Religion and State in Israel – March 24, 2008 (Section 2)

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Religion and State in Israel

March 24, 2008 (Section 2) (continued from Section 1)

Editor – Joel Katz

Religion and State in Israel is not affiliated with any organization or movement.

Young settler woman who rejected court’s authority released after 3 months

By Nadav Shragai, Haaretz March 20, 2008

Shriel repeatedly told the court that she would only recognize the authority of a tribunal that adheres to the laws of the Torah.

“I don’t recognize your authority. You have no right to try me. I am not a criminal,” she told judges.

“A young girl managed to stand up to an entire system that denies its Jewish roots and real purpose,” the right-wing Honenu organization said.

“It’s a goyish system of laws,” Zvia’s mother, Ruthie, said. “She did not betray her principles. That girl has more strength then all of us together.”

Religious fuel for the bonfire

By Uzi Benziman, Haaretz March 23, 2008

While in custody, Zvia Sariel was granted a strange arrangement under which she was tried by a private rabbinical court (a body that calls itself The Sanhedrin, headed by Rabbi Yisrael Ariel).

…The rabbis and their political followers claim to represent independent Israel, purified, tall, confident and God-graced.

In practice, they educate their flock to behave like Jews from the Ghetto: to see Israeli rule as hostile, to try and trick it, to rebel against its laws, and to care for their small communities and not society as a whole.

The juvenile rebellion of Zvia Sariel and her friends aims to alienate them (and their families) from the state, to undermine its unity, to challenge its stability, and thus destroy the basis on which it was established and which the settlers allegedly seek to bolster.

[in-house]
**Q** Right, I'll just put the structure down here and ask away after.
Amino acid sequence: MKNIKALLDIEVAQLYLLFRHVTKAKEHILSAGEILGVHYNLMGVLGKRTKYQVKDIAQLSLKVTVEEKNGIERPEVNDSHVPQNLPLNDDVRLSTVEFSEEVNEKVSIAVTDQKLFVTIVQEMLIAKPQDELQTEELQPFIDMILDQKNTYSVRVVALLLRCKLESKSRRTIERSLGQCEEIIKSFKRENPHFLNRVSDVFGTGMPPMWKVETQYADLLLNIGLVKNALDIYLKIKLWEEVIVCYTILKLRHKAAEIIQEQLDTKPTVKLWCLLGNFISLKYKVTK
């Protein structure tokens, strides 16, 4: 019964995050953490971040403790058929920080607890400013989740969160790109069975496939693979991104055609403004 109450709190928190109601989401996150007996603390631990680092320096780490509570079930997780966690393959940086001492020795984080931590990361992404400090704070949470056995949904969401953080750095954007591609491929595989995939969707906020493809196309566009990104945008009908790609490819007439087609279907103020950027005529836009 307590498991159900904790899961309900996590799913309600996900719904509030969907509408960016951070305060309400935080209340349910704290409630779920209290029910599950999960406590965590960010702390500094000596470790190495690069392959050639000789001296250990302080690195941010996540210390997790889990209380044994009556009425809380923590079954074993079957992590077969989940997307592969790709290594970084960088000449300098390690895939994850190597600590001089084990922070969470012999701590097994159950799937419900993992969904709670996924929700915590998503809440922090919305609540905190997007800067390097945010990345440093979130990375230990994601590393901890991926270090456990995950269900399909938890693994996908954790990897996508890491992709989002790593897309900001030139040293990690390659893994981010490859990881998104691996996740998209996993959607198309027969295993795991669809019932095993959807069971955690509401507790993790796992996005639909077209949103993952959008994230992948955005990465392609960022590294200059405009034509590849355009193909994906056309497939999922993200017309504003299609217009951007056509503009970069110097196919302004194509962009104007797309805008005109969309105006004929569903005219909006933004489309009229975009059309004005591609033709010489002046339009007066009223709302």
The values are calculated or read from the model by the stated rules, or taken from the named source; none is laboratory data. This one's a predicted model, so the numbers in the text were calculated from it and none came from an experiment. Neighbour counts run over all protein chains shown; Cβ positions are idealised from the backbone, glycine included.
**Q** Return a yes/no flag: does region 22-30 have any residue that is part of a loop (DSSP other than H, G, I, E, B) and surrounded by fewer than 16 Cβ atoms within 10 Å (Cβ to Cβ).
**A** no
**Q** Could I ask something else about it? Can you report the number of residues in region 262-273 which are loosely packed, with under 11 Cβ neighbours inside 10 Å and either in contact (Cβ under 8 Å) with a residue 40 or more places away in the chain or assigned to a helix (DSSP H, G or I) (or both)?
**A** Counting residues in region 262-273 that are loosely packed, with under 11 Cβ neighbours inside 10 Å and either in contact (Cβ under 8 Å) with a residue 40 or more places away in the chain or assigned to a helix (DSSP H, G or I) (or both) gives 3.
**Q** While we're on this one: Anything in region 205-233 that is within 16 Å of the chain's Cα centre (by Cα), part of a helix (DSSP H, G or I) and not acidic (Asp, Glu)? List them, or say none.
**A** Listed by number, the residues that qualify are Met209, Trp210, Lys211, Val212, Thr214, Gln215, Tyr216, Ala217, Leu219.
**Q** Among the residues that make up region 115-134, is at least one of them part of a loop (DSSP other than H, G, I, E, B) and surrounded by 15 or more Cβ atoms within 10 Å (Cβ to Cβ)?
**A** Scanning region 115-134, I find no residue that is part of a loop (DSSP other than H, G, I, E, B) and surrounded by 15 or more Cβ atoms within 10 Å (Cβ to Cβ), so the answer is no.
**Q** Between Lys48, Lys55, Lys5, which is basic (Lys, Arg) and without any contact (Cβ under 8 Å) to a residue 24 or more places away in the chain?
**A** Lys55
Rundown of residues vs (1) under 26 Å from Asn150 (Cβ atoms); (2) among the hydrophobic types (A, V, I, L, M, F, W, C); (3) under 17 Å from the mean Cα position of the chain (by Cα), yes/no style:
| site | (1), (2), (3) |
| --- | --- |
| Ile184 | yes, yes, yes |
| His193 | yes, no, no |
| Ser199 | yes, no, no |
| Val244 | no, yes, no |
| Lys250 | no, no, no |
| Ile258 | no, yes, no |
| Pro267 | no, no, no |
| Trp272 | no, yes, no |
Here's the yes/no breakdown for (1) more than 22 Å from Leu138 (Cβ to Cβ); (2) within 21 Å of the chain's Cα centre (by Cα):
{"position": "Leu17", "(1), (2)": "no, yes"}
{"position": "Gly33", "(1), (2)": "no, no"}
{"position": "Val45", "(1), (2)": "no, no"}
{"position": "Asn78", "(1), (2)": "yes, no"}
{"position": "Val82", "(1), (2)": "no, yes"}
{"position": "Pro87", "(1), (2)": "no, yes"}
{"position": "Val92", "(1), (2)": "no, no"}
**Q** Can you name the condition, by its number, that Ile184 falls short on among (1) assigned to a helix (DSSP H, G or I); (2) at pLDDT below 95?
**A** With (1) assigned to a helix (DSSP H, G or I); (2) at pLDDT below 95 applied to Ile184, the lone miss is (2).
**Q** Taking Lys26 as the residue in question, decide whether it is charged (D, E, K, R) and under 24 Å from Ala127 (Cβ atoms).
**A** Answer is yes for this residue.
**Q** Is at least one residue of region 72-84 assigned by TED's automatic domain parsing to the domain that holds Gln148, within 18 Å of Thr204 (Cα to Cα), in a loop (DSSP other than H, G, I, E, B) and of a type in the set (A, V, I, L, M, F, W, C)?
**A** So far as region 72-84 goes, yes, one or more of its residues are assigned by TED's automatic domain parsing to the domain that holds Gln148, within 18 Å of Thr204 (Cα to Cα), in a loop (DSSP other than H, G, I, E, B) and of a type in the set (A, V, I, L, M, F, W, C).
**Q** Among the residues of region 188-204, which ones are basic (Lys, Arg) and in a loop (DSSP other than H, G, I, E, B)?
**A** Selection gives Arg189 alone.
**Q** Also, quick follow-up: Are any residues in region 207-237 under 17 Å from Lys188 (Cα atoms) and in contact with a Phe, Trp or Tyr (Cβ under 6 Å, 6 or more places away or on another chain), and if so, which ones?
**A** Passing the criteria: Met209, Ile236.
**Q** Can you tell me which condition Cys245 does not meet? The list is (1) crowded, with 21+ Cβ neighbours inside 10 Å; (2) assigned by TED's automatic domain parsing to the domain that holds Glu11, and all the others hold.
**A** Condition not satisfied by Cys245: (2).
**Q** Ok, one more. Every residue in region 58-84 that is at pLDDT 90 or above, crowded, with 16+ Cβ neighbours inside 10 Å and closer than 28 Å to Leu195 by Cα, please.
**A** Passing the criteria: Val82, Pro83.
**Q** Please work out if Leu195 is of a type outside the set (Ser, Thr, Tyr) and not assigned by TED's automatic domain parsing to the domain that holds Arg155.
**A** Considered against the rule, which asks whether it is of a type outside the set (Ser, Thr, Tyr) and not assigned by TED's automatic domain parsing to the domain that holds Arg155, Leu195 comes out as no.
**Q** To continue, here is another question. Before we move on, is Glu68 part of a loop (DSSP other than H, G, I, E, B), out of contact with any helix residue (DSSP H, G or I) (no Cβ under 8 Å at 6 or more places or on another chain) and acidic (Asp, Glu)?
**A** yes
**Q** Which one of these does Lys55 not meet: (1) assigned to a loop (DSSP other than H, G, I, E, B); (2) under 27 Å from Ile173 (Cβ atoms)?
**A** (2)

Spreading the halakhic tunic over their behavior makes them immune to the state’s arguments: They follow a different call – allegedly a divine one.

“An Attack on My Home”

By Dr. Amiel Ungar, March 18, 2008

Interview with Merkaz Harav alumnus Rabbi Menahem Fruman

Even if the state is not to our liking we welcome the state and the restoration of the res publica, the Jewish public domain.

The more the state becomes estranged from traditional values the more the tension becomes almost unbearable.

Next Time, in Joy

By Jonathan Rosenblum, Mishpacha March 19, 2008

The Torah community of Eretz Yisrael achieved a brief moment of unity this past week. Unfortunately, it took the tragic slaughter of eight young yeshiva students at Yeshivat Mercaz Harav to bring it about.

Who could have even imagined before the attack the circumstances that could bring the Belzer Rebbe, Rabbi Shmuel Auerbach, Rabbis Rafael Shmulevitz and Yitzchak Ezrachi of Mirrer Yeshiva, Rabbi Moshe Mordechai Farbstein of Hebron Yeshiva, Rabbi Asher Weiss, and Rabbi Shmuel Bloom, executve vice-president of Agudath Israel of America to the campus of Mercaz Harav?